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September 01, 2020 1:28pm
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Thanksgiving turkey prices higher due to 'huge increases' in raising, processing costs, turkey farmers say

Thanksgiving turkey prices are high due to increased food and processing costs that producers are forced to pass on to consumers, turkey farmers told Fox News.

Thanksgiving bird prices have soared since last year due to rising feed, fuel and processing costs, ruffling the feathers of consumers, a turkey-farming couple told Fox News.

"We've seen huge increases in our input costs all along the way," said Kyle Scott, who co-owns Old Glory Farm in Elkhorn, Wisconsin, with his wife Deanna Scott. "Feed being the largest one, then we pay for a [Department of Agriculture]-inspected processor to process and package our birds when they're ready, and that's labor driven, of course. That's more expensive as well."


"We need fuel for everything and that's just crazy high right now, and it has been all year," Kyle continued. "Those have been huge drivers in our increased input costs."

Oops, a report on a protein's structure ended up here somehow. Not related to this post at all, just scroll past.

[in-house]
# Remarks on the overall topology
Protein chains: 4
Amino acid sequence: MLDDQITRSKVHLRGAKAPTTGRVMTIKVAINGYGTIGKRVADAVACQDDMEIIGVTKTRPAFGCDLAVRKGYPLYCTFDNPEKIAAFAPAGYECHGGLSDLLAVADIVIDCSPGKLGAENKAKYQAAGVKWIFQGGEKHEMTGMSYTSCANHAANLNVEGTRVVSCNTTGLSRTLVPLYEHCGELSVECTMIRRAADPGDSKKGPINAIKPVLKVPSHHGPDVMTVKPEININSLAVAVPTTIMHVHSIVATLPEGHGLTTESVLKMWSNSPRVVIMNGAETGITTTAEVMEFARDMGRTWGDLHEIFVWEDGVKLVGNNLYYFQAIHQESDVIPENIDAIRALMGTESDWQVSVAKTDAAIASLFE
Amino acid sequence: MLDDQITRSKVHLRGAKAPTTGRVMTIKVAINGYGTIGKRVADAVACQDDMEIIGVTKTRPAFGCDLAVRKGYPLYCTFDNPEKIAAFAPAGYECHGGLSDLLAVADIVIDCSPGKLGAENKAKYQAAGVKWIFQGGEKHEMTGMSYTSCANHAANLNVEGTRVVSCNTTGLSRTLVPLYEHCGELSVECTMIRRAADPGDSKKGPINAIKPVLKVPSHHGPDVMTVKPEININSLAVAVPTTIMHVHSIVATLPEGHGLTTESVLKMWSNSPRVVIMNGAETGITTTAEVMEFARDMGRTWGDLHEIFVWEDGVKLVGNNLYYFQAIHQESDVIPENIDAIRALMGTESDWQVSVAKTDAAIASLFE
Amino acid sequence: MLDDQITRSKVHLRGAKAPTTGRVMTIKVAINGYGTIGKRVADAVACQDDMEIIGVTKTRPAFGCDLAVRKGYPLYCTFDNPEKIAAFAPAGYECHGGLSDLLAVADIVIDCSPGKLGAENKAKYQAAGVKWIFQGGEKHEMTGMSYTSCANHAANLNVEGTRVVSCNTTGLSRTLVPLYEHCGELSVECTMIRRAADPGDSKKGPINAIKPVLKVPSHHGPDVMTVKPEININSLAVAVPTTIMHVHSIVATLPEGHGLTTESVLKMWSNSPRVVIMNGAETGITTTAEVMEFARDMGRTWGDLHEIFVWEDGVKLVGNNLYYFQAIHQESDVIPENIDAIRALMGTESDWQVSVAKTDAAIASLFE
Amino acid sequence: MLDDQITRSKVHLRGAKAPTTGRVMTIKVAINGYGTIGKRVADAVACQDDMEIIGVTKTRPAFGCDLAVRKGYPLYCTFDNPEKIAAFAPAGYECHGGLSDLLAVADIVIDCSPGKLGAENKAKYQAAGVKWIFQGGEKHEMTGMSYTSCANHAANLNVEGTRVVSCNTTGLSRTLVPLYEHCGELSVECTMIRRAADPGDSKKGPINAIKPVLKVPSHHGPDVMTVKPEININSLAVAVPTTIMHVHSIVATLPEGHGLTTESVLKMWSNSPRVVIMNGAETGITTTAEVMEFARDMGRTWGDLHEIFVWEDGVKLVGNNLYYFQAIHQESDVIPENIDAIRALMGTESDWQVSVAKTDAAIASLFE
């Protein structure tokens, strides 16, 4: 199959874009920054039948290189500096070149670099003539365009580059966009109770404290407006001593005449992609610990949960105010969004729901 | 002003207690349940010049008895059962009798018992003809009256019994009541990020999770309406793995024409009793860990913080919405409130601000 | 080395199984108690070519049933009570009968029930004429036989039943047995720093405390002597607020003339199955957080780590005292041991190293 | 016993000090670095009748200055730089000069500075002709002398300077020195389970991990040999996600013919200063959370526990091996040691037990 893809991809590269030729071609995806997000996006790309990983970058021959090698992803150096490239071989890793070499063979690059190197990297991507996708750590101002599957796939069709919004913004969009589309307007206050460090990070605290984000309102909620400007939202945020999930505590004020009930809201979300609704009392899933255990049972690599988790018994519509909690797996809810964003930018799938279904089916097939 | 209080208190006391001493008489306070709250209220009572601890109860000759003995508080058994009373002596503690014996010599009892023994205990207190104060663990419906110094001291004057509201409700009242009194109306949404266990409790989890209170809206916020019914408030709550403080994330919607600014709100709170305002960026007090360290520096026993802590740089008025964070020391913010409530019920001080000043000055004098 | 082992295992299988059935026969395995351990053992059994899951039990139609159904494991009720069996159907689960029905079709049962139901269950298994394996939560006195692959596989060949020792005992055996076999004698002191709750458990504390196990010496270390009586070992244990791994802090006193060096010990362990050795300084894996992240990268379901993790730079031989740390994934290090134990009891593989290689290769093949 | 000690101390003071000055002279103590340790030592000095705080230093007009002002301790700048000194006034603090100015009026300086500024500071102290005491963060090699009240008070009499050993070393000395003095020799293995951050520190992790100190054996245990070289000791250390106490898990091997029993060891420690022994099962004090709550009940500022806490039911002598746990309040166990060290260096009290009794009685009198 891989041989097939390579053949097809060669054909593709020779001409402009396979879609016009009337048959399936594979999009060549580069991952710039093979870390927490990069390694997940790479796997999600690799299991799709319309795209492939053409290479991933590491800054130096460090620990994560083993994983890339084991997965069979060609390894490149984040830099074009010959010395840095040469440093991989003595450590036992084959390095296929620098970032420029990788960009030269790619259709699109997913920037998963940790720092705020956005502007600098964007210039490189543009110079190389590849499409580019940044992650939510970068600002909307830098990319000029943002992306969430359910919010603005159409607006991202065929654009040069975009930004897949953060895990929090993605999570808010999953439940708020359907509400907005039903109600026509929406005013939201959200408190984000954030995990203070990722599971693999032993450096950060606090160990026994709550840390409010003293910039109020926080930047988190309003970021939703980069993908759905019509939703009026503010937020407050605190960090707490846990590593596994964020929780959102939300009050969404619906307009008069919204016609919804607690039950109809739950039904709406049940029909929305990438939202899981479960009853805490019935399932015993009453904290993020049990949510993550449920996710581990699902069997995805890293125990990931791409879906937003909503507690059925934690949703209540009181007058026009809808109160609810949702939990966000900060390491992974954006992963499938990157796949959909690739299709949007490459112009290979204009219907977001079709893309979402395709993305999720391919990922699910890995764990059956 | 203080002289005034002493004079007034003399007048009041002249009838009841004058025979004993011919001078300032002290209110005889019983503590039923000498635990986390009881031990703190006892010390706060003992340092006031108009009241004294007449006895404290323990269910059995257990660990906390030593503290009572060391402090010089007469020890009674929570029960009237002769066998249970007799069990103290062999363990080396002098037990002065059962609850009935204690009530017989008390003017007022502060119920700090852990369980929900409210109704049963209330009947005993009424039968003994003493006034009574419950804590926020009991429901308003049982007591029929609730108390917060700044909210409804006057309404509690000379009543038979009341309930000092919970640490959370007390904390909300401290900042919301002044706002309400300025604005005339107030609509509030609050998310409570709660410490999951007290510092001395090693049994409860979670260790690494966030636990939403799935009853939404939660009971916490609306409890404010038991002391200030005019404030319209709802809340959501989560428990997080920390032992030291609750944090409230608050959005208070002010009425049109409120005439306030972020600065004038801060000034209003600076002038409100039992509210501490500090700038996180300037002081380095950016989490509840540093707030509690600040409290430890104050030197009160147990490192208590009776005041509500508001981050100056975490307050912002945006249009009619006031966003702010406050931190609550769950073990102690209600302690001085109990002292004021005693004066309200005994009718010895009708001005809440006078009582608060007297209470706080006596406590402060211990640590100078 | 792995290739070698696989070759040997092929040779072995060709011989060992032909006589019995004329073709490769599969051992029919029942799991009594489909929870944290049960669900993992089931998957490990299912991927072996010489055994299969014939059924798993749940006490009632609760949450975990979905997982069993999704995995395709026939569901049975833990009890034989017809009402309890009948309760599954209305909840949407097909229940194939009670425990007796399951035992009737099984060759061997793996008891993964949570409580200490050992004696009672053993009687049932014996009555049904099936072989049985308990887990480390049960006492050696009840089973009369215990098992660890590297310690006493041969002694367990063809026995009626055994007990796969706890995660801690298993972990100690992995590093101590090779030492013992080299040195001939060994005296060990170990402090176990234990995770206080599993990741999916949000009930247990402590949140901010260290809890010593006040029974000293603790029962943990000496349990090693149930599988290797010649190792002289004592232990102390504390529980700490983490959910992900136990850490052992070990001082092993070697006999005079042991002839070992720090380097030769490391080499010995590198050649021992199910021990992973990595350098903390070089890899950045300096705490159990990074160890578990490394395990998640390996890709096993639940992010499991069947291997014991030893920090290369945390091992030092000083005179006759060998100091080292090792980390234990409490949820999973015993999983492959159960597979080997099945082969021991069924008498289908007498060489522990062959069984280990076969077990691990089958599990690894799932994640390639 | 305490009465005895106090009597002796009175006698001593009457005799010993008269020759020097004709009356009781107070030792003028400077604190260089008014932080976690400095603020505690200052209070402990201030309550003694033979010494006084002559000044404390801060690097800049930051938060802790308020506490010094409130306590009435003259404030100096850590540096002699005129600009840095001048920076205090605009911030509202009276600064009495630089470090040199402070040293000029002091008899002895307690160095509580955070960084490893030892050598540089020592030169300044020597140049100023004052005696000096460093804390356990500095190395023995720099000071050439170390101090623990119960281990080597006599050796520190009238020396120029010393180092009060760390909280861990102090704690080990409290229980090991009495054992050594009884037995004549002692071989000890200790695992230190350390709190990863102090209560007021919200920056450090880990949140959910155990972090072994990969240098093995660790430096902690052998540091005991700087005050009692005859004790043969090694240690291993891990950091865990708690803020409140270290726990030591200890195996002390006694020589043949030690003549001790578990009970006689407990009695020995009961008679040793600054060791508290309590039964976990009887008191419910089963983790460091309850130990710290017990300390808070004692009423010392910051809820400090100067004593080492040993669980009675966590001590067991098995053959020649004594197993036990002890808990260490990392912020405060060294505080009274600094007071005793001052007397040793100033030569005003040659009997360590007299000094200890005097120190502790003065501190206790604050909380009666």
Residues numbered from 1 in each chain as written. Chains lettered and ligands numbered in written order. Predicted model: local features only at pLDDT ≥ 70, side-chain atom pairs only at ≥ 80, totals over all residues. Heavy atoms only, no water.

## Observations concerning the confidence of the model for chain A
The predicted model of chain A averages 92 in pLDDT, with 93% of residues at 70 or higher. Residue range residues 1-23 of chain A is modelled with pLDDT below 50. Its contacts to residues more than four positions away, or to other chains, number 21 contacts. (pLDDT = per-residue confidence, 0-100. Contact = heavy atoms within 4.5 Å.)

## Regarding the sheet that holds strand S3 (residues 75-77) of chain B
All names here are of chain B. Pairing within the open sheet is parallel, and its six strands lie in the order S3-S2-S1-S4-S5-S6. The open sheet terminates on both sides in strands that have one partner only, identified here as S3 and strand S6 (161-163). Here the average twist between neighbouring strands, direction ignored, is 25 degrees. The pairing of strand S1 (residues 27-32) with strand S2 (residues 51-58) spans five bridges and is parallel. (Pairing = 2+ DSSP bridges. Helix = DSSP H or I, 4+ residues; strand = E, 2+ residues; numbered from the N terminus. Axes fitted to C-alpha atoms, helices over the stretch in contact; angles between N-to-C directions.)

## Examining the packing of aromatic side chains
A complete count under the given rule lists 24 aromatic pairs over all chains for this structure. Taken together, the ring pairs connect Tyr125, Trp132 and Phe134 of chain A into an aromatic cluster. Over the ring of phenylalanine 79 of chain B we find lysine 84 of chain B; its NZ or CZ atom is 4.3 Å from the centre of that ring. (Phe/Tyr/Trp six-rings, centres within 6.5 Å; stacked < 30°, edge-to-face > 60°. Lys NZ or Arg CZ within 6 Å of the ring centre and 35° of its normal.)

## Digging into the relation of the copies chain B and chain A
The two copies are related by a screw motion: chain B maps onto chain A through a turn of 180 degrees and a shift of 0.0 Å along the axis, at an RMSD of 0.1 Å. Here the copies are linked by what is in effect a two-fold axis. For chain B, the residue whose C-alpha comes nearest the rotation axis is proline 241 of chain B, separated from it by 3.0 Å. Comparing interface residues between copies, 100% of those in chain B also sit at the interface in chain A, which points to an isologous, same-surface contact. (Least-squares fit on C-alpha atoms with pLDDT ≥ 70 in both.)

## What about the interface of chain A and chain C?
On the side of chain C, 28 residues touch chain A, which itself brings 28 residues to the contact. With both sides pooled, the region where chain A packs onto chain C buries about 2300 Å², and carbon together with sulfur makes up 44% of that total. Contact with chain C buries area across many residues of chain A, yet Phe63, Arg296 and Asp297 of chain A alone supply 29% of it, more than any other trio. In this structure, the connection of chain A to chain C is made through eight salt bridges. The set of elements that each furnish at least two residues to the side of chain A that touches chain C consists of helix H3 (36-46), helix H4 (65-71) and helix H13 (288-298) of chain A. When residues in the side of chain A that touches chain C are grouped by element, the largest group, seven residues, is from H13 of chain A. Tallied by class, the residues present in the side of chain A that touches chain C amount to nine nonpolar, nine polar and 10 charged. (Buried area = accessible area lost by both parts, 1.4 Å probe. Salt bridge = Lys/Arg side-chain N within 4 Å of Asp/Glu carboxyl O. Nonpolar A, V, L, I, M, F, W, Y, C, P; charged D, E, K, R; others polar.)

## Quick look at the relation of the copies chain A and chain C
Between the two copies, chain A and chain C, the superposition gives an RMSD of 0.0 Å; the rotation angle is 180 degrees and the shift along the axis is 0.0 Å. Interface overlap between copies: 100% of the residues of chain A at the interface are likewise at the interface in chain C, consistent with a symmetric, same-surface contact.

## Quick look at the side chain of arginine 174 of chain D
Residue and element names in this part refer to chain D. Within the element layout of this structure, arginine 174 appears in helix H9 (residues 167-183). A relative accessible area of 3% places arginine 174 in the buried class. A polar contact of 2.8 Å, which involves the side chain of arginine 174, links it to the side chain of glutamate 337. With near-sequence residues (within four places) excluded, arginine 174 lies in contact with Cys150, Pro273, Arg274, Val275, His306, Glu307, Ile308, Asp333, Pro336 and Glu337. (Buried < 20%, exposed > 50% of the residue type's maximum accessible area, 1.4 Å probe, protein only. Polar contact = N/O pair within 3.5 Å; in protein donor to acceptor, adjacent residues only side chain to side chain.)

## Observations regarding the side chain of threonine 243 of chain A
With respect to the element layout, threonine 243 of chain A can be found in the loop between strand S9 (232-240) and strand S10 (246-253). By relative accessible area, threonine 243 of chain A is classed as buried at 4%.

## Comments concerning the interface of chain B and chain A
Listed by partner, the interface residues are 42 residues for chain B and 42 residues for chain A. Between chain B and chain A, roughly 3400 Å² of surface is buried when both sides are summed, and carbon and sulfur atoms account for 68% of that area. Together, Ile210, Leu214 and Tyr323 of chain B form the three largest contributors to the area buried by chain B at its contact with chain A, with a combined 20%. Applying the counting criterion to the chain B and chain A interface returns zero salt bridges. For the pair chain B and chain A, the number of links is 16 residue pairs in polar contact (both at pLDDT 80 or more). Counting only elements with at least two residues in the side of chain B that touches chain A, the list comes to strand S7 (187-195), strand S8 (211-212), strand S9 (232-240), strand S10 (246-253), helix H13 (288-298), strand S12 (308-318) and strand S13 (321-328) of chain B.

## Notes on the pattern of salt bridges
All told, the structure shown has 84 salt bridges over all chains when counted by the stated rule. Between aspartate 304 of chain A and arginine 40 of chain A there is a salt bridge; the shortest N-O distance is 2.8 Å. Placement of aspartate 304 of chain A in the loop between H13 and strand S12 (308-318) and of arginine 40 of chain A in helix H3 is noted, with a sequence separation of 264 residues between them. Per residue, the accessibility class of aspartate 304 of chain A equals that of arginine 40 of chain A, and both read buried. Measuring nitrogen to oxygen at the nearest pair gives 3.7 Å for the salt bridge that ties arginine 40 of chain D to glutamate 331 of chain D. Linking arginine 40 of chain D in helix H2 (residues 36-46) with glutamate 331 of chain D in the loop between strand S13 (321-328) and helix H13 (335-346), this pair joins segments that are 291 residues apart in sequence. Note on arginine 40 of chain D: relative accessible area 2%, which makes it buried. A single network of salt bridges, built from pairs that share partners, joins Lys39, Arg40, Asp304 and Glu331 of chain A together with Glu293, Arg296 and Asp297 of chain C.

The average Thanksgiving feast for 10 people has increased by 20% since last year, according to a survey from The American Farm Bureau. The survey also found that the centerpiece of the meal, a 16-pound turkey, has increased by 21% since last year, a new record for turkey prices in the 37-year-old survey. 

The cost of other Thanksgiving favorites such as pumpkin pie mix, cubed stuffing, rolls, green beans and sweet potatoes have also increased.

"What's also interesting this year is that even though our demand is higher than ever, we had to raise less turkeys than last year because our processor didn't have enough help to process enough," Deanna said. 

The Scotts made appointments in January — 11 months in advance — for their 2022 Thanksgiving turkeys to be processed this month. The birds won't even hatch until the end of July, according to Kyle.


"So they weren't even alive yet and we had appointments for them," Deanna said. 

The couple said an outbreak of avian flu earlier this year has also caused prices to rise.

"Earlier this year, there were some poultry plants that just completely had to be shut down," Deanna said. "There's a lot of turkeys that were just gone, wiped off."

Demand was so high this year that the turkey-farming couple is already accepting deposits for their 2023 turkeys.

"We actually sold out before Halloween," Deanna said. "We have a lot of our regular customers who missed out completely."

To watch a full interview with Deanna and Kyle Scott, click here

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